wax on (wax off?)

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sporkypine

New Member
English
Twice today I've seen what, to me, are unusual uses of the word "wax", and the dictionary doesn't seem to back them up. I'm curious what exactly the meaning of the word is supposed to be in these two examples, and where this bastardization came from.

On (Wall Street Journal's web site) wsj.com, in the tech section, there is an article by Ben Fritz listed with the title "Sony Pictures Chief Defends Strategy", and the one sentence abstract "Sony Entertainment CEO Michael Lynton waxes on the film and TV unit's tumultuous year, which included attacks from an activist investor and some big-budget flops."

(The word "wax" does not appear in the actual article.)

And there is an article at allthingsd.com titled "Clinging to Outlook, Only 25% of Yahoo Employees Willing to Eat Mail Dogfood (Best Memo Ever!)" by Kara Swisher about a memo that Yahoo execs sent to their employees who have elected not to use Yahoo mail. It essentially says...

" (memo excerpt)

Addressing the miscreants with some oddly phrased flair, they waxed on:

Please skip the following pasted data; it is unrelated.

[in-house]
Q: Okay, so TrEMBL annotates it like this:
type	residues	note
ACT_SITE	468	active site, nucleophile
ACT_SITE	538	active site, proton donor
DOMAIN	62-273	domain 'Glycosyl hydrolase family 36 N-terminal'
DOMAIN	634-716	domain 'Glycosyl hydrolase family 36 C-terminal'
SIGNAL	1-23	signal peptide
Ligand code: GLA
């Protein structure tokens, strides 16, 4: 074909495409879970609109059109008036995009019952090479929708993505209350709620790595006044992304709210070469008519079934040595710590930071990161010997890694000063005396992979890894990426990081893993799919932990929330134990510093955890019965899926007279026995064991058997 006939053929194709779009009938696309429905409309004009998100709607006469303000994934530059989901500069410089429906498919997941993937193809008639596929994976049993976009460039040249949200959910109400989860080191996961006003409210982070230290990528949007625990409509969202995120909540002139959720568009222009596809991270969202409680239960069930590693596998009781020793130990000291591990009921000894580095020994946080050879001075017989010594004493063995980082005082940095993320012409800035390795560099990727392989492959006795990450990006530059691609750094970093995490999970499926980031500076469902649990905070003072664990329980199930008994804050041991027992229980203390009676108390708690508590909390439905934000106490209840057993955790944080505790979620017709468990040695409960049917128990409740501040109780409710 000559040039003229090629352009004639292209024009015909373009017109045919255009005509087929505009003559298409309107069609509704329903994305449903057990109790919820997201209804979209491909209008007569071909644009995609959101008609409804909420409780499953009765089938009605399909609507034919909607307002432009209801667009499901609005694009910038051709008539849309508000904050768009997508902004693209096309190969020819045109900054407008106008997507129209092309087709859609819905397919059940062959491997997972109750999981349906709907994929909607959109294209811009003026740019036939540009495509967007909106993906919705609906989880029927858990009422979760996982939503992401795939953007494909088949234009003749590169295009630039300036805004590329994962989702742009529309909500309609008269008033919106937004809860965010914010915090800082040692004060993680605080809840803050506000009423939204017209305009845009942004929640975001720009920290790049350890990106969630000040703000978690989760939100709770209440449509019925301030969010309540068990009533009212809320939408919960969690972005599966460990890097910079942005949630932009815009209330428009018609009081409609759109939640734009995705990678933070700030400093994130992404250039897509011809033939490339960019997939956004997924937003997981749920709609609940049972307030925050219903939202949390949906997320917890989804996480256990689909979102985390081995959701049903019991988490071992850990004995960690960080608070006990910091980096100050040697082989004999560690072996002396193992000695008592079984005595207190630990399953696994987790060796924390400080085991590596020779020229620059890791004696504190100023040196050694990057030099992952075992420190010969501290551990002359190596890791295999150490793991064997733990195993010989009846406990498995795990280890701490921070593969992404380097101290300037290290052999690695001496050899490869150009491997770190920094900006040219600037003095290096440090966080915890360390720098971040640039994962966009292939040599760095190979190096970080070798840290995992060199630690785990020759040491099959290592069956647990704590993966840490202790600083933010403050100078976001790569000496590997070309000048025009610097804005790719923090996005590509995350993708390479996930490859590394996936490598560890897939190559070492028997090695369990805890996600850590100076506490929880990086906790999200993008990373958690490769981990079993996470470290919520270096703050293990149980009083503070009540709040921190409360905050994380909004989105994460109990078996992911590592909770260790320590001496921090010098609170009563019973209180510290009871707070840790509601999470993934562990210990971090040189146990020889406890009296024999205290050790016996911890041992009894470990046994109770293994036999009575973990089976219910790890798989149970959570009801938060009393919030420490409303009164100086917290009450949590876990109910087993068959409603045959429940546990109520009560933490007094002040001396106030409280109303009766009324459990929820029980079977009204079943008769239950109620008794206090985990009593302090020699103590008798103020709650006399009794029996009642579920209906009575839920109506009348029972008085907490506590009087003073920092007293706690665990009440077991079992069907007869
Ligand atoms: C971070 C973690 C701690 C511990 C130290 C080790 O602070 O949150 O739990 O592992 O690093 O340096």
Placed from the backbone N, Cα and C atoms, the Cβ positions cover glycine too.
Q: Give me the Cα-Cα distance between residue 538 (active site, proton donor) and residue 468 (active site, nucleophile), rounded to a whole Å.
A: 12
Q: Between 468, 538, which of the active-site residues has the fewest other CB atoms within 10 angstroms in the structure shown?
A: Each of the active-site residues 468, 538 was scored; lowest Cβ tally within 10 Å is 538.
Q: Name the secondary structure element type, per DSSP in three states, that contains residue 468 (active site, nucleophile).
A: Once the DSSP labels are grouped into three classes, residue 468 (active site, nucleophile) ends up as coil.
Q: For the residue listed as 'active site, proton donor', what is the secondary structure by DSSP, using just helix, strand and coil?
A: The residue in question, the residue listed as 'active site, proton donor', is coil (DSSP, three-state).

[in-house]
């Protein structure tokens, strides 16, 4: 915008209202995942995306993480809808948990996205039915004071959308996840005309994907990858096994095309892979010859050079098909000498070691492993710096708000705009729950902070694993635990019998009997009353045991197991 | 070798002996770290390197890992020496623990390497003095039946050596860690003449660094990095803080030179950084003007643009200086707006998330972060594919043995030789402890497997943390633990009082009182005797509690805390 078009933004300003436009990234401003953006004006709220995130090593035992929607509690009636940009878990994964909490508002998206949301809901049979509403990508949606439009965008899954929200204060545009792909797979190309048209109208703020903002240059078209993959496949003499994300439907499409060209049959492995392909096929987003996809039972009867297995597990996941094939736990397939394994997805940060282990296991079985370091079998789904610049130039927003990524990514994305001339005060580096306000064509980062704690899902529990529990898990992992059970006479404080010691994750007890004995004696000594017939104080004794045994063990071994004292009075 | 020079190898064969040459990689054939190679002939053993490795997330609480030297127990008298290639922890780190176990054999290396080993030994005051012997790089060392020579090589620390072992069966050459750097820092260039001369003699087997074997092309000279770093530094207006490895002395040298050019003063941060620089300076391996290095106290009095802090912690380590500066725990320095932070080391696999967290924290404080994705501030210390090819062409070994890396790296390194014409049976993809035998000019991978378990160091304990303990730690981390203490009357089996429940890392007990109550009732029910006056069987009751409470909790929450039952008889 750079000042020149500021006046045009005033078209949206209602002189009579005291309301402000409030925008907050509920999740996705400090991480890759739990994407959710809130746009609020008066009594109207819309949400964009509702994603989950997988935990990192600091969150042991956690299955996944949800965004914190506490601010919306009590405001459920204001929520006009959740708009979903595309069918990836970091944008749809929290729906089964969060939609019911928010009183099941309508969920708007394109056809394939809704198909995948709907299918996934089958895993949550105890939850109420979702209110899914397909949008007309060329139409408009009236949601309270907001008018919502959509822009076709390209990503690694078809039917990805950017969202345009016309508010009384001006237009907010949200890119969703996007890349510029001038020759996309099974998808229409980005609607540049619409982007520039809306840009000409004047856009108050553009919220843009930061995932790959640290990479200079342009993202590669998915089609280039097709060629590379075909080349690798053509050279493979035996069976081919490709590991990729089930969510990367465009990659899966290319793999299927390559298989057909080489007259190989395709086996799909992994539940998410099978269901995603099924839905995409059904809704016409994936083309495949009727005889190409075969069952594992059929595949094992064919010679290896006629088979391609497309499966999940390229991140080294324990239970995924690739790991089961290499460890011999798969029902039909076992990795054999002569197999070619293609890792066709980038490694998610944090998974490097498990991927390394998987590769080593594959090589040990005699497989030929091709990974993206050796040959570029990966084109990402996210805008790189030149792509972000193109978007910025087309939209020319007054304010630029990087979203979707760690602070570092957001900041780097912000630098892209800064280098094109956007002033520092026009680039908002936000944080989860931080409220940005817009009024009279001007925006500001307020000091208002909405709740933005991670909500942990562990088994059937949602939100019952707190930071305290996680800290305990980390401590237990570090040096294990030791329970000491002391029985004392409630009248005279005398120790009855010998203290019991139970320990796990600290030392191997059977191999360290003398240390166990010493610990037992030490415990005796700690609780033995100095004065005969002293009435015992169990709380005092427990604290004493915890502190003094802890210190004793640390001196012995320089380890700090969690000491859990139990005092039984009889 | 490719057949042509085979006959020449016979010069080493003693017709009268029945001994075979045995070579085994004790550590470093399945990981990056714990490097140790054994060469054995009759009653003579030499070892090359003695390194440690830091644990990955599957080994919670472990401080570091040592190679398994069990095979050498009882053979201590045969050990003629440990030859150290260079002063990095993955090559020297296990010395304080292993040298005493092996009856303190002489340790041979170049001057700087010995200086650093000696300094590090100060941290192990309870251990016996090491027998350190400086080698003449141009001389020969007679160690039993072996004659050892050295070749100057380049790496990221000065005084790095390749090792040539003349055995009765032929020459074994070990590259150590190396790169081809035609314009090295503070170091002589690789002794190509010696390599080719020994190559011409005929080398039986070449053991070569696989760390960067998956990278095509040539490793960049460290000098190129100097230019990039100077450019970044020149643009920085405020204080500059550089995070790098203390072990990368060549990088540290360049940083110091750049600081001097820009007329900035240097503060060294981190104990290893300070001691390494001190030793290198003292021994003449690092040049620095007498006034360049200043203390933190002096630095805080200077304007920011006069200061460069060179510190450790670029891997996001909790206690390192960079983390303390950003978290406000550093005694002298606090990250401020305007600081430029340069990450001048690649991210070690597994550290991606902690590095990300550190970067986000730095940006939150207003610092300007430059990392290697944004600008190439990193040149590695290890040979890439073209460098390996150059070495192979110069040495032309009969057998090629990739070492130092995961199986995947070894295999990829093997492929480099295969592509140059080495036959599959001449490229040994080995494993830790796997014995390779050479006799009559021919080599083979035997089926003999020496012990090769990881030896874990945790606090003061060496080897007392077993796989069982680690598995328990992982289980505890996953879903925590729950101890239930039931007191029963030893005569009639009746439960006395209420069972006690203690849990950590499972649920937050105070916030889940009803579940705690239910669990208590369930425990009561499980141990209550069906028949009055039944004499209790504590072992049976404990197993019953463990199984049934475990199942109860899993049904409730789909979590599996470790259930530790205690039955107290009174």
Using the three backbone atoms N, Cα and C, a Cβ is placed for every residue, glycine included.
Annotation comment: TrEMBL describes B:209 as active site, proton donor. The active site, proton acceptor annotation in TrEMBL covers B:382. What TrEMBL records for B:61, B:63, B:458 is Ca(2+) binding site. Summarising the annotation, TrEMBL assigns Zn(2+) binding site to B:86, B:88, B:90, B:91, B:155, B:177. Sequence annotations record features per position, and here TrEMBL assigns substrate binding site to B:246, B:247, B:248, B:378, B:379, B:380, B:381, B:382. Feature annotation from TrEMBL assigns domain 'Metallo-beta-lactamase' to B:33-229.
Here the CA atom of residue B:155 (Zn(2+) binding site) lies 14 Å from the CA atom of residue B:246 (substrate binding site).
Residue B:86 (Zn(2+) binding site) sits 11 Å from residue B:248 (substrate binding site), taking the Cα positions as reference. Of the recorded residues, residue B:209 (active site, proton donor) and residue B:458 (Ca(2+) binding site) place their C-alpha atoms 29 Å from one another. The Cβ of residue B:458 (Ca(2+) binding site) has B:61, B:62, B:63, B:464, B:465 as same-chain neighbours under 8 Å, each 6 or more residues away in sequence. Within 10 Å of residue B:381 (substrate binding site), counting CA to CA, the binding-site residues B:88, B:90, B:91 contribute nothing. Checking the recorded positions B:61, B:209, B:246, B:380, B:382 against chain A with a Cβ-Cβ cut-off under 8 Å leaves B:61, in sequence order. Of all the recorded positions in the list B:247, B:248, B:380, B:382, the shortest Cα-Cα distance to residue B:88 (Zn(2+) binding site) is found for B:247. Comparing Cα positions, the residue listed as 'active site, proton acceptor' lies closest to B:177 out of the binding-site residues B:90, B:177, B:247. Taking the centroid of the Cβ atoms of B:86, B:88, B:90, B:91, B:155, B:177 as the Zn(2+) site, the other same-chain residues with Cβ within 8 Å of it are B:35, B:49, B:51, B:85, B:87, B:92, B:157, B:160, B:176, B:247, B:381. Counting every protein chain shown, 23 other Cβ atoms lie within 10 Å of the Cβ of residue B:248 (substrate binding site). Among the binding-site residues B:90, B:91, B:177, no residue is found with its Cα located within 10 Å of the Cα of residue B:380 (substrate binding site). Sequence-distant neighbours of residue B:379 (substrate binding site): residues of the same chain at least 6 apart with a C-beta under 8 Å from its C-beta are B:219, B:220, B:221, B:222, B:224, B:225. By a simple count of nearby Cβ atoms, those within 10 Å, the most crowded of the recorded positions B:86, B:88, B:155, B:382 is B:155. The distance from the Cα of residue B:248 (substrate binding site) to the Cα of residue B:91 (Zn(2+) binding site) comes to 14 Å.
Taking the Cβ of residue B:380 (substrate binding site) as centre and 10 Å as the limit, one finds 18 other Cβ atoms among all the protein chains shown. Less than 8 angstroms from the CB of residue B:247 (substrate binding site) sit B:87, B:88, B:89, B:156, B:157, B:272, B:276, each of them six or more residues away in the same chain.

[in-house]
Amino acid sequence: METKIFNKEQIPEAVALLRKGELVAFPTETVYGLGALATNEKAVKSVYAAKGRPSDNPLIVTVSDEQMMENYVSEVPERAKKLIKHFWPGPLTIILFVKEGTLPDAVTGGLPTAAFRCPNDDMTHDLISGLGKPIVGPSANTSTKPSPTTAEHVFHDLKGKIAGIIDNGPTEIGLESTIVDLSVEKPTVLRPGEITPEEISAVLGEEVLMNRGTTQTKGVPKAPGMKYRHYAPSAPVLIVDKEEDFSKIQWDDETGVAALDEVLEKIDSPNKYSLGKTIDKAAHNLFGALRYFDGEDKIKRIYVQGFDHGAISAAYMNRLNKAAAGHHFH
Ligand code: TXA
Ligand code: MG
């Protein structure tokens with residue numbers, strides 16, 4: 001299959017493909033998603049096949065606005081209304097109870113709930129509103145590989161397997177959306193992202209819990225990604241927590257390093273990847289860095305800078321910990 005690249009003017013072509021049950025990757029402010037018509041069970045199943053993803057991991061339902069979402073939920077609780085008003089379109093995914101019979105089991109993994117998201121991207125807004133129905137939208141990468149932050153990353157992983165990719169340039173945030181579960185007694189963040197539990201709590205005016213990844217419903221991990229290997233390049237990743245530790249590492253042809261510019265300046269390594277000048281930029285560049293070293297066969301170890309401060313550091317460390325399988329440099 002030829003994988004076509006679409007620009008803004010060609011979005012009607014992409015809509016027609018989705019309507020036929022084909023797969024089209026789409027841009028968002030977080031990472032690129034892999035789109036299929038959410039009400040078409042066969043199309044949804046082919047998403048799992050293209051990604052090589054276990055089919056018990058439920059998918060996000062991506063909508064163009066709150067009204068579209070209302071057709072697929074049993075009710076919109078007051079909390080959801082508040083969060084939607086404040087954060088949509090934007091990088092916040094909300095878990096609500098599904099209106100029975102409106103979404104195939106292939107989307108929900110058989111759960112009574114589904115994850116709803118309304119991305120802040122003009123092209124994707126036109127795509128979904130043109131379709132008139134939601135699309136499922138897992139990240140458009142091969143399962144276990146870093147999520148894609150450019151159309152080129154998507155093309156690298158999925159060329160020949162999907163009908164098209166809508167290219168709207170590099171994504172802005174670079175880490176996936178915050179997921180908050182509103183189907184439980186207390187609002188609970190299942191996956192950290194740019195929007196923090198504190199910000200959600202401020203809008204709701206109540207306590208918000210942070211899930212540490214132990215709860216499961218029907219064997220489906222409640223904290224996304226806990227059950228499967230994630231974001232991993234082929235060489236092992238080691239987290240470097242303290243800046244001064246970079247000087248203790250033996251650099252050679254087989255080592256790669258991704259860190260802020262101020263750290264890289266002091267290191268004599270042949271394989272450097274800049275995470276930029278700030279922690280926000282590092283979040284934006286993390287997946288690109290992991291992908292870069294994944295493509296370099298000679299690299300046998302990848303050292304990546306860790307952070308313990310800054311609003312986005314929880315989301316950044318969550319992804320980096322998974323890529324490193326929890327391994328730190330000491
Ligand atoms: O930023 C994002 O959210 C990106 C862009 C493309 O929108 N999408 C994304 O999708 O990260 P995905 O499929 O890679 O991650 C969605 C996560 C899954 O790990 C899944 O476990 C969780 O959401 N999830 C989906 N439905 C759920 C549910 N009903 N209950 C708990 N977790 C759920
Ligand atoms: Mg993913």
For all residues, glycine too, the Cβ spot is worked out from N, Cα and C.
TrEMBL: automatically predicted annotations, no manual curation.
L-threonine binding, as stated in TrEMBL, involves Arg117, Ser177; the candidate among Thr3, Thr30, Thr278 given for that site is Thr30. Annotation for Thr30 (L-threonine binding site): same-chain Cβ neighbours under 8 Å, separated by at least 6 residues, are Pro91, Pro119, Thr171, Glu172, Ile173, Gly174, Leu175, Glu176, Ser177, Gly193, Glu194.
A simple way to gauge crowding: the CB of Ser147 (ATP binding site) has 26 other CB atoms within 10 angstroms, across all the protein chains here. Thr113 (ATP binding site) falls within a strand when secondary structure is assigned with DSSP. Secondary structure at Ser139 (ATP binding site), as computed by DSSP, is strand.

(another memo excerpt) "

I could kind of understand this second use of "wax" in a humorous way. But since I noticed within twenty minutes of the first, and both articles are from this week, it makes me think it's a new trend. Someone on a popular tv show must have misused the word "wax" and now everyone's aping it.
 
  • JulianStuart

    Senior Member
    English (UK then US)
    In those two examples, the verb wax seems to have been disconnected from its normal following adjective.

    From a yahoo answers post
    One can wax poetic, lyrical, eloquent, philosophical, etc. It's all pretty much the same thing. But finding the origins of this phrase is a bit tricky.
    Added: The freedictionary's idioms has both lyrical and philosophical (McGraw Hill and Cambridge sources) both defining them as "to talk lyrical/philosophical" but with enthusiasm. The use of wax on its own seems to have retained the enthusiasm but not the other adjective quality. English moves on often by omitting stuff :D
     
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